“I’m finally doing priestly things,” he quips as he shuffles up the steps under an overcast sky.
Mid-week, mid-morning the congregation numbers 16. A lot of stooped shoulders and white hair in the wooden pews.
He has the mass down to a no-frills 20 minutes.
Afterwards he mingles with the flock.
No-one lingers near the confessional today.
The priest sheds his vestments and heads back out into the world.
The Pell effect
The day the George Pell sexual abuse scandal became public, Father Justel didn’t leave his room.
“It’s incredibly difficult for us — especially as new priests, and especially those in training right now — to think that our chosen vocation has been severely tarnished by some, I suppose, crazy or evil people who use the priesthood to advance their gains, their addictions or whatever.
“We’ve lost our credibility as the church, in general. I don’t know whether we will ever recover from it.
“The church leaders. Bishops. Priests, especially. And just the church. Our brand has been tarnished, like, severely. But obviously we’re people of hope, we’re Easter people. That’s the message of the resurrection.”
Surrounded by stained glass and stations of the cross, he tells me that quite a few older priests no longer wear the collar in their everyday lives, don’t want to be identifiable in the current climate.
Not him. He wears it daily. As do many of his young brother priests, he says.
“We see ourselves as part of the solution.”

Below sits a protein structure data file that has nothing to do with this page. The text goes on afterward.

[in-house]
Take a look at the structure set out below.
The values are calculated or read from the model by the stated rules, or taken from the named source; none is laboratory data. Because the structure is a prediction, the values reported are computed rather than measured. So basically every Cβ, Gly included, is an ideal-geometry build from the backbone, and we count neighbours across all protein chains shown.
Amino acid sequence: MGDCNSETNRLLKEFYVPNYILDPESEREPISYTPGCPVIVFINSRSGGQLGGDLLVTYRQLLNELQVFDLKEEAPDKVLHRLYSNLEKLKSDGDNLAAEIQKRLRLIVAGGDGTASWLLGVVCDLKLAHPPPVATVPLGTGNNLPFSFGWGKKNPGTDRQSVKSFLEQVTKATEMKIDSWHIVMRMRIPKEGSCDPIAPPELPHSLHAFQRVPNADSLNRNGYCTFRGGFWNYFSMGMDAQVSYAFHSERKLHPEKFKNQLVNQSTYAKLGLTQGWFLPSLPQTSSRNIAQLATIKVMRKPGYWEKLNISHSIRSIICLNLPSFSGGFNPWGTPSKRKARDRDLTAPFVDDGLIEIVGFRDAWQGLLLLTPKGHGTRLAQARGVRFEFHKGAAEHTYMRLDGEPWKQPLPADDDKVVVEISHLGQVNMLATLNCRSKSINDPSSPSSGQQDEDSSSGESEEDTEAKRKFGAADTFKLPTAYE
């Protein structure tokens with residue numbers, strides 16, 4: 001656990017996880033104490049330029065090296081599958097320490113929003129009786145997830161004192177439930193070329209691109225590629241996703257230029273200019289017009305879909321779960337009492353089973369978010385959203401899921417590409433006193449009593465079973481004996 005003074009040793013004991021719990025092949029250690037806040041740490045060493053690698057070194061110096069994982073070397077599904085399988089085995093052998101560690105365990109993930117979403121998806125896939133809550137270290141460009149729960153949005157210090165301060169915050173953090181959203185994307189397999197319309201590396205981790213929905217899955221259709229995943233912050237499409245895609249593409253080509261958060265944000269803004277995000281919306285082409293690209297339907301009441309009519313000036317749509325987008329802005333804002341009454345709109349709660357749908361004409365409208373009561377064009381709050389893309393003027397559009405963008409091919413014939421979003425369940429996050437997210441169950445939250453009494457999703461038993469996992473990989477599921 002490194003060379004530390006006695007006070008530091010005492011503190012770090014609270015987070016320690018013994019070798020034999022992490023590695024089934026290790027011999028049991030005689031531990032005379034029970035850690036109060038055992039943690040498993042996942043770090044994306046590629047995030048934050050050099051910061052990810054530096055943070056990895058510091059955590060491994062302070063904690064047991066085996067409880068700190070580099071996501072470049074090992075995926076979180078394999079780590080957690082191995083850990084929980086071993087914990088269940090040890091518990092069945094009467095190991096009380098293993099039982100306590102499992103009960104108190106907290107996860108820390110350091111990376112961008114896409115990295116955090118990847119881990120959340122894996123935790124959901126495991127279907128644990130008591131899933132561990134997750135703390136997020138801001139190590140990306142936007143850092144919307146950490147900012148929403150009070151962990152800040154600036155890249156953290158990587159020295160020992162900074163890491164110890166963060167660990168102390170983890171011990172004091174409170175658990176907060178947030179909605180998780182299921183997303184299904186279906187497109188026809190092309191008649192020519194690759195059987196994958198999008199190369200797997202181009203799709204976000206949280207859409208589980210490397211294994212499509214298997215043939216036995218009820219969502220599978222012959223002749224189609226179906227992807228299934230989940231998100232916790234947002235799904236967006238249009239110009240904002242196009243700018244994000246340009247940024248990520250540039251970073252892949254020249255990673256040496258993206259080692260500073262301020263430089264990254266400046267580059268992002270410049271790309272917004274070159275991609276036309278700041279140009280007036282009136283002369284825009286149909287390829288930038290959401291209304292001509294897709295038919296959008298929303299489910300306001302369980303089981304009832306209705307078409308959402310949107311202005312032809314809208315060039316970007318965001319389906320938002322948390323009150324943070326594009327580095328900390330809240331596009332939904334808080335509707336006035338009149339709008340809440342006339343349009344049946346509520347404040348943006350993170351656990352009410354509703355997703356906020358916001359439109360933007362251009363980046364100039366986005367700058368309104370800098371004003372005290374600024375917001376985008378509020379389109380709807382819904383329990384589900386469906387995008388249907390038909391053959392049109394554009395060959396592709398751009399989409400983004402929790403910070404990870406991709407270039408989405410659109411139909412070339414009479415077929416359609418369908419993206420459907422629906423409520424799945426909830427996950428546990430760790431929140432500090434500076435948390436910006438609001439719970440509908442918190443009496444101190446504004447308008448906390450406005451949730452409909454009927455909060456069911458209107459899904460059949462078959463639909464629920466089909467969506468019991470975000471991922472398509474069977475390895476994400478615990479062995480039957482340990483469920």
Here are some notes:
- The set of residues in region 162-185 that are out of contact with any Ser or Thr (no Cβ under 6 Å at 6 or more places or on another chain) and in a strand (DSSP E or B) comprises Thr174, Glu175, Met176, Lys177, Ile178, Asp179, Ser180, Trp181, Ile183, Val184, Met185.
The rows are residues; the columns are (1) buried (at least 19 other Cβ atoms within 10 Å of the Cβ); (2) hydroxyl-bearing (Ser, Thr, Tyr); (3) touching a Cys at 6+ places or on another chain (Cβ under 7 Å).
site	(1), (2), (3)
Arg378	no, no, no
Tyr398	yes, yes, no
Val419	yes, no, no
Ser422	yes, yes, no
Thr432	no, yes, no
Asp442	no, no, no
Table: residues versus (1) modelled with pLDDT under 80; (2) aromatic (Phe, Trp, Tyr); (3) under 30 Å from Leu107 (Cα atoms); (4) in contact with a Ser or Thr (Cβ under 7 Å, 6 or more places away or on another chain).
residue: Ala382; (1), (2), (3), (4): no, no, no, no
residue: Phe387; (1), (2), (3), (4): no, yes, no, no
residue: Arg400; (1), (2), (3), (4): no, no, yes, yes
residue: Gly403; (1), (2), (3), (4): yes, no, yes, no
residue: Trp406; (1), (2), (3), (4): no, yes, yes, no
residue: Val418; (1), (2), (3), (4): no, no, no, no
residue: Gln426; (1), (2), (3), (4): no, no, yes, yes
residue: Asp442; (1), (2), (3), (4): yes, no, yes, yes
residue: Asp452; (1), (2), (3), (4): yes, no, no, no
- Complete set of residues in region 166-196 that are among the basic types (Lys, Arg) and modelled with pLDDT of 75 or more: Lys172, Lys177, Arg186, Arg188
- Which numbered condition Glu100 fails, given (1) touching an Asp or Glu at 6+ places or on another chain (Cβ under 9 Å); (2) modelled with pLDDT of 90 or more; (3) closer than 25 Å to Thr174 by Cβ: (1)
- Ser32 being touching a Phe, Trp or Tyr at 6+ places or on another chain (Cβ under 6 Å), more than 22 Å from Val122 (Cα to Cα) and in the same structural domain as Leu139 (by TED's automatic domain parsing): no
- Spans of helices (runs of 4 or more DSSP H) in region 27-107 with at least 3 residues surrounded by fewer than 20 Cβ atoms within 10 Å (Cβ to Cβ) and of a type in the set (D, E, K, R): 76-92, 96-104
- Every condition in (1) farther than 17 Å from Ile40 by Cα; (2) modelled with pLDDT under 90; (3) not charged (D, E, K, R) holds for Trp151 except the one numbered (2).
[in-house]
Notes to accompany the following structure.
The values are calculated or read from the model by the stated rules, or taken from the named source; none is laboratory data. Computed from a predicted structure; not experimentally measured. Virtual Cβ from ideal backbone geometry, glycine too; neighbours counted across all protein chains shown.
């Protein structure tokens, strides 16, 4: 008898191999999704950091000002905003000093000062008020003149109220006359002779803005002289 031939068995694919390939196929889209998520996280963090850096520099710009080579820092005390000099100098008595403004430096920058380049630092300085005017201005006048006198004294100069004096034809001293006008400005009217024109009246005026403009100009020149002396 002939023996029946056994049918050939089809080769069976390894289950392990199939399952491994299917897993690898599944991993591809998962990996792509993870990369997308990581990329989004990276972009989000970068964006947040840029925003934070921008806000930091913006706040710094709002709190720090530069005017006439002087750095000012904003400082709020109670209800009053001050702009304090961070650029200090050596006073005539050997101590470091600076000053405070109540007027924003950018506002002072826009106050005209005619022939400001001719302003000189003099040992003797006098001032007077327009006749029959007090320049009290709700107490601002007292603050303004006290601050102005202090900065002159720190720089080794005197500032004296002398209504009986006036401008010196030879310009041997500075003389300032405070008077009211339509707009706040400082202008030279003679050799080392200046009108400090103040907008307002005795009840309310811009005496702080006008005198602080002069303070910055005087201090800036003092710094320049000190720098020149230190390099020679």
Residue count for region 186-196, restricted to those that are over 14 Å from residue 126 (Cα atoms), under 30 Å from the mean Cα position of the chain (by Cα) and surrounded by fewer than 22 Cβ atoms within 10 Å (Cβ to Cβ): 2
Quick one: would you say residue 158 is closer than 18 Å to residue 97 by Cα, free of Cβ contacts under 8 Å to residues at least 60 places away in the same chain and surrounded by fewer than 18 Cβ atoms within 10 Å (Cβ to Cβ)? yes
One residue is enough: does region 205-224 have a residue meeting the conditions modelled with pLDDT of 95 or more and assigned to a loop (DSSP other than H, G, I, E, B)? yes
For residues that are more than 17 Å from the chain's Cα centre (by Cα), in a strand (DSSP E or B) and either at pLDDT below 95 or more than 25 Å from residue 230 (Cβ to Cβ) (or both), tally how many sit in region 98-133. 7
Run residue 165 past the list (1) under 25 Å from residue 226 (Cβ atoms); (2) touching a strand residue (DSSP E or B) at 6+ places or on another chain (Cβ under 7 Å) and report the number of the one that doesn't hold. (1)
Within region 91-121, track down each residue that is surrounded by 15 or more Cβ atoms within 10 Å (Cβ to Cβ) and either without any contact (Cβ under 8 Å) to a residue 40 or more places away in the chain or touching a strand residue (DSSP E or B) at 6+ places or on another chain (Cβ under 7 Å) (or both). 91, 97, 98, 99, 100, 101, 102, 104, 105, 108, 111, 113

God in unexpected places
In a CrossFit gym in the back blocks of Mordialloc, roller door open on a deserted industrial estate, Father Justel squats, barbell across his shoulders.
Sweat fogs his glasses. Eighties rock drifts from the radio.
No religious iconography here. Instead an athlete bulges from a poster. Beasts of men heave weights around on a TV screen.
Gone, too, are the honorifics. Here the young priest is “Tel”. Just another guy in a muscle shirt.
“I used to be nervous because, you know, when you get to know each other you chat and obviously people ask you, ‘So what do you do?’ Sometimes the conversation just dies.
“I think, Oh my god, they might think I’m a homophobe.
Mostly, though, people are intrigued.
“It’s not every day that you get to exercise with a priest.”
The power of these moments is not lost on Father Justel.
He quotes Saint Francis of Assisi, who said, “Use words only when necessary”.
“I’ll let them get to know me first. We’ll become friends, and then they will start to ask questions and then we can have a conversation naturally. I think that’s actually a very effective way of evangelising, rather than bible bashing.
“Unfortunately a lot of people think that all we care about is morality. Or we’re obsessed with sex or something. Or abortion, euthanasia, same-sex marriage.
“You’ve got the traditional teachings and then you’ve got real life.
“The world we live in today is very different. It’s modern.
“We can’t keep going back over the past.”
A new breed
As I get to know Father Justel he’s about to switch parishes, reassigned to the other side of the city.
It’ll be closer to his parents’ place, where he spends his only day off each Monday.
“When I was told I was moving I was obviously very sad. I love this place, I love the people here. But that’s part of the vow of obedience, part of the vocation I chose. So when I was meditating about that in my prayer time, I was thinking, Oh wow, how many times will I have to do this?”
He answers his own question.
“Probably a lot, because the retirement age for a priest is 75.”
Time enough for a whole new generation to follow in his footsteps.